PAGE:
Cassie Cal robot can probably ride hovershoes better than you
It's comforting to know that even robots need training wheels.
Shelby BrownEditor II
Shelby Brown (she/her/hers) is an editor for CNET's services team. She covers tips and tricks for apps, operating systems and devices, as well as mobile gaming and Apple Arcade news. Shelby also oversees Tech Tips coverage. Before joining CNET, she covered app news for Download.com and served as a freelancer for Louisville.com.
She received the Renau Writing Scholarship in 2016 from the University of Louisville's communication department.
The skates are pretty hard to operate, even for a human. In addition to balancing, you control the skates by leaning forward, backward, left and right. The researchers added a sensor to Cassie to help with control.
Shuxiao Chen, Jonathan Rogers, and Bike Zhang, UC Berkeley students who worked on the project, said it took about eight months to teach Cassie to skate. The process involved mathematical models, simulations to test the algorithms and figuring out how to interface and communicate with Cassie and various sensors. In short: lots of trial and error.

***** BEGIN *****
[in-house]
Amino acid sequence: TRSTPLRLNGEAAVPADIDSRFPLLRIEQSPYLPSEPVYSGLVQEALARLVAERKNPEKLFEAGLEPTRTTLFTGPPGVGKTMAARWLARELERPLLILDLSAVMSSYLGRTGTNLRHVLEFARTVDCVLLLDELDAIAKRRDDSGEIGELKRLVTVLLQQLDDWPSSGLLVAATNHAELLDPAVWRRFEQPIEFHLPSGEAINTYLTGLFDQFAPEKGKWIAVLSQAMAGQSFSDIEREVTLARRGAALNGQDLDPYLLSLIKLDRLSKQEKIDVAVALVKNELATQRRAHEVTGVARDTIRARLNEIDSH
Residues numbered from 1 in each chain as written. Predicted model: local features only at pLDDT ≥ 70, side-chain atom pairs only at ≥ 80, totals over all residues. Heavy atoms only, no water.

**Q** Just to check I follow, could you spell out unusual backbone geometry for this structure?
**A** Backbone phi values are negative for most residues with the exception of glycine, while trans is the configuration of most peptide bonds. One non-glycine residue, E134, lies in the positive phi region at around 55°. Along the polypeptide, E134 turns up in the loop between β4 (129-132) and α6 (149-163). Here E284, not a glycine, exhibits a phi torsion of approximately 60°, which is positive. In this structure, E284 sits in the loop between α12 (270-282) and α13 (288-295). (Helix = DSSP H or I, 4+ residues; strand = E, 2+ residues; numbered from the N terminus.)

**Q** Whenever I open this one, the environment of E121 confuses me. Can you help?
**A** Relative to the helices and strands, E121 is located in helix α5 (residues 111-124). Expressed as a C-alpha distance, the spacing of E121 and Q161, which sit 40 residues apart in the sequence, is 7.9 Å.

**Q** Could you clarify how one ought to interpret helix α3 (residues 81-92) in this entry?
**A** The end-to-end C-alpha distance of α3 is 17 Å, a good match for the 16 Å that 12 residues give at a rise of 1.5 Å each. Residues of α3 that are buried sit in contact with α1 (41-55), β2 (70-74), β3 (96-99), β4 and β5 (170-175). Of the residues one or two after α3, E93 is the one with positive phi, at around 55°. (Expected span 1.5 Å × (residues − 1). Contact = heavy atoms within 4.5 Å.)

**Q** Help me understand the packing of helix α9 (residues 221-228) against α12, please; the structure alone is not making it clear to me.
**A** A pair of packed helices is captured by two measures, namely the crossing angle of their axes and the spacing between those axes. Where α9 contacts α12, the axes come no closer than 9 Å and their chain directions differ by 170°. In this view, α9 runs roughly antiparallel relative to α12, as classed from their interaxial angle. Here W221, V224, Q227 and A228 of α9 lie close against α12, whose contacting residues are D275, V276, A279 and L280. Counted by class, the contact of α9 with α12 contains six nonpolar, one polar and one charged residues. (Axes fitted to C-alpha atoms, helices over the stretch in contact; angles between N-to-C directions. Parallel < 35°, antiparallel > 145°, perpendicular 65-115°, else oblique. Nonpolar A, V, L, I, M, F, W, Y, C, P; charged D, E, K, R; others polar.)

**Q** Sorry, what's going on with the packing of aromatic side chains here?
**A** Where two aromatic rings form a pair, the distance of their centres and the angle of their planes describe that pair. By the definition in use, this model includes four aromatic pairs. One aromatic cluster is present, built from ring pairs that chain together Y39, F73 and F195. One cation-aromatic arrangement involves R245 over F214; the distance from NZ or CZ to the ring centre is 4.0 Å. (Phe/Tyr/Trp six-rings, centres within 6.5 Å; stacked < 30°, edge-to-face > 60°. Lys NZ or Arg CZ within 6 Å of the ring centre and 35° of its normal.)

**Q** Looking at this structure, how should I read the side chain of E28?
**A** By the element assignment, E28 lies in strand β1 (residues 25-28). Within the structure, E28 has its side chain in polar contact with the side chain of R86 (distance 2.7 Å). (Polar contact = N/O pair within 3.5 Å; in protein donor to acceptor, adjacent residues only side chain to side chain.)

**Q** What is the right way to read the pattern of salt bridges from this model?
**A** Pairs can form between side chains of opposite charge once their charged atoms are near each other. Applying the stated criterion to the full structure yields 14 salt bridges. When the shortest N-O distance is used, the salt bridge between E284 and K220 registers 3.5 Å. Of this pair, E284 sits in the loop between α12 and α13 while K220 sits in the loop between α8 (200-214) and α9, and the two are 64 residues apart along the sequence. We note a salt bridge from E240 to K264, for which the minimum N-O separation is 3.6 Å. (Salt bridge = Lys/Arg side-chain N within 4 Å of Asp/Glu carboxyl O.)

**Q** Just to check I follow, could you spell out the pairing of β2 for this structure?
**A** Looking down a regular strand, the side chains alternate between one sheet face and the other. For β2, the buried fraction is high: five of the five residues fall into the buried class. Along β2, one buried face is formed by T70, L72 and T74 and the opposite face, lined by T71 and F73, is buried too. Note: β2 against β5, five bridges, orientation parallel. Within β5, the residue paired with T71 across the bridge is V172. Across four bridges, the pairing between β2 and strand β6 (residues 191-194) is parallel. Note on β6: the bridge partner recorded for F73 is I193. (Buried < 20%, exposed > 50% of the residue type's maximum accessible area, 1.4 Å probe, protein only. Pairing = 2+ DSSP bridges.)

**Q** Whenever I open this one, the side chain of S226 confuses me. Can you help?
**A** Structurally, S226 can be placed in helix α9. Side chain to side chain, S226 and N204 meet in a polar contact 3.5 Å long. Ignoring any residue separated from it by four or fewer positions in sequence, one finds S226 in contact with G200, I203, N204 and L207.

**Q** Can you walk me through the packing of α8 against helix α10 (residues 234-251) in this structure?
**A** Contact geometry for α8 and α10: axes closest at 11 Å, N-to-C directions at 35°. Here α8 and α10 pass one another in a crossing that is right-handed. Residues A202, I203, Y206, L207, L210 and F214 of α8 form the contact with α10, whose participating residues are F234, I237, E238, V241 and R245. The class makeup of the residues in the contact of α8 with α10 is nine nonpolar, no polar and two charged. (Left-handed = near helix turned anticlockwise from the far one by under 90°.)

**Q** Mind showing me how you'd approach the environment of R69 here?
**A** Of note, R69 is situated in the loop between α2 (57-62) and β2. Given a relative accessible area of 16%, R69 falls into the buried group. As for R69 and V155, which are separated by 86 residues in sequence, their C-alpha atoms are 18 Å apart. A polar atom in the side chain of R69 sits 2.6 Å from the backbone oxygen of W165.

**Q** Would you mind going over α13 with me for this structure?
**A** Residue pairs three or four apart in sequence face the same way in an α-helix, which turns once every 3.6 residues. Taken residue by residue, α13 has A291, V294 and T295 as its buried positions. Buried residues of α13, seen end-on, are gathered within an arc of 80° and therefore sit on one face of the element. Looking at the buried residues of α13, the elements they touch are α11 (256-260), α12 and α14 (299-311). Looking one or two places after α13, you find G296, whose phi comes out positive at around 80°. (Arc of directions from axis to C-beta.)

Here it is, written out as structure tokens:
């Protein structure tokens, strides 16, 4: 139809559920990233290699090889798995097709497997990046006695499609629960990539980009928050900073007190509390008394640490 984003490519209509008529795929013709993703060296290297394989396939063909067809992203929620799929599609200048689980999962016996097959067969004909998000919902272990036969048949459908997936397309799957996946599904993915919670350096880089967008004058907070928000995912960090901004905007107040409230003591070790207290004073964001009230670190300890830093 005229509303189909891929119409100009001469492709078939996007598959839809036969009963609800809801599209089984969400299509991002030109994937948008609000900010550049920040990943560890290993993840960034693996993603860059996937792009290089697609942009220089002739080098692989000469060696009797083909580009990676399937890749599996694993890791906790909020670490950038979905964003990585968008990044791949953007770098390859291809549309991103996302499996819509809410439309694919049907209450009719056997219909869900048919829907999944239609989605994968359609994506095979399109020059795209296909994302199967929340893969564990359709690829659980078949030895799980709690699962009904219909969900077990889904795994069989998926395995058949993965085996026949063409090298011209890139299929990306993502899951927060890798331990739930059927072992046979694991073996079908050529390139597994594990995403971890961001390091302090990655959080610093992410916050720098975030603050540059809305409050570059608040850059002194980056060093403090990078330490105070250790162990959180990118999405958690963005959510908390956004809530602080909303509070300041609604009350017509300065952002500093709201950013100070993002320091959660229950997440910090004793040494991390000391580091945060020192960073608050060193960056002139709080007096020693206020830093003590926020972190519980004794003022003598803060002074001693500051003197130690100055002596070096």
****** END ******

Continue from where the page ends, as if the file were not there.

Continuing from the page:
The team said the larger goal is to teach robots to achieve multi-modal locomotion, which humans are capable of. Optimizing locomotion for legged robots, according to the team, would improve travel efficiency over various terrains.
"Autonomous robots with multi-modal locomotion capabilities can have a big impact in the real-world from food delivery to security and surveillance to search and rescue missions," the team said.
Originally published June 7. Update, June 10: Adds comments from UC Berkeley student team.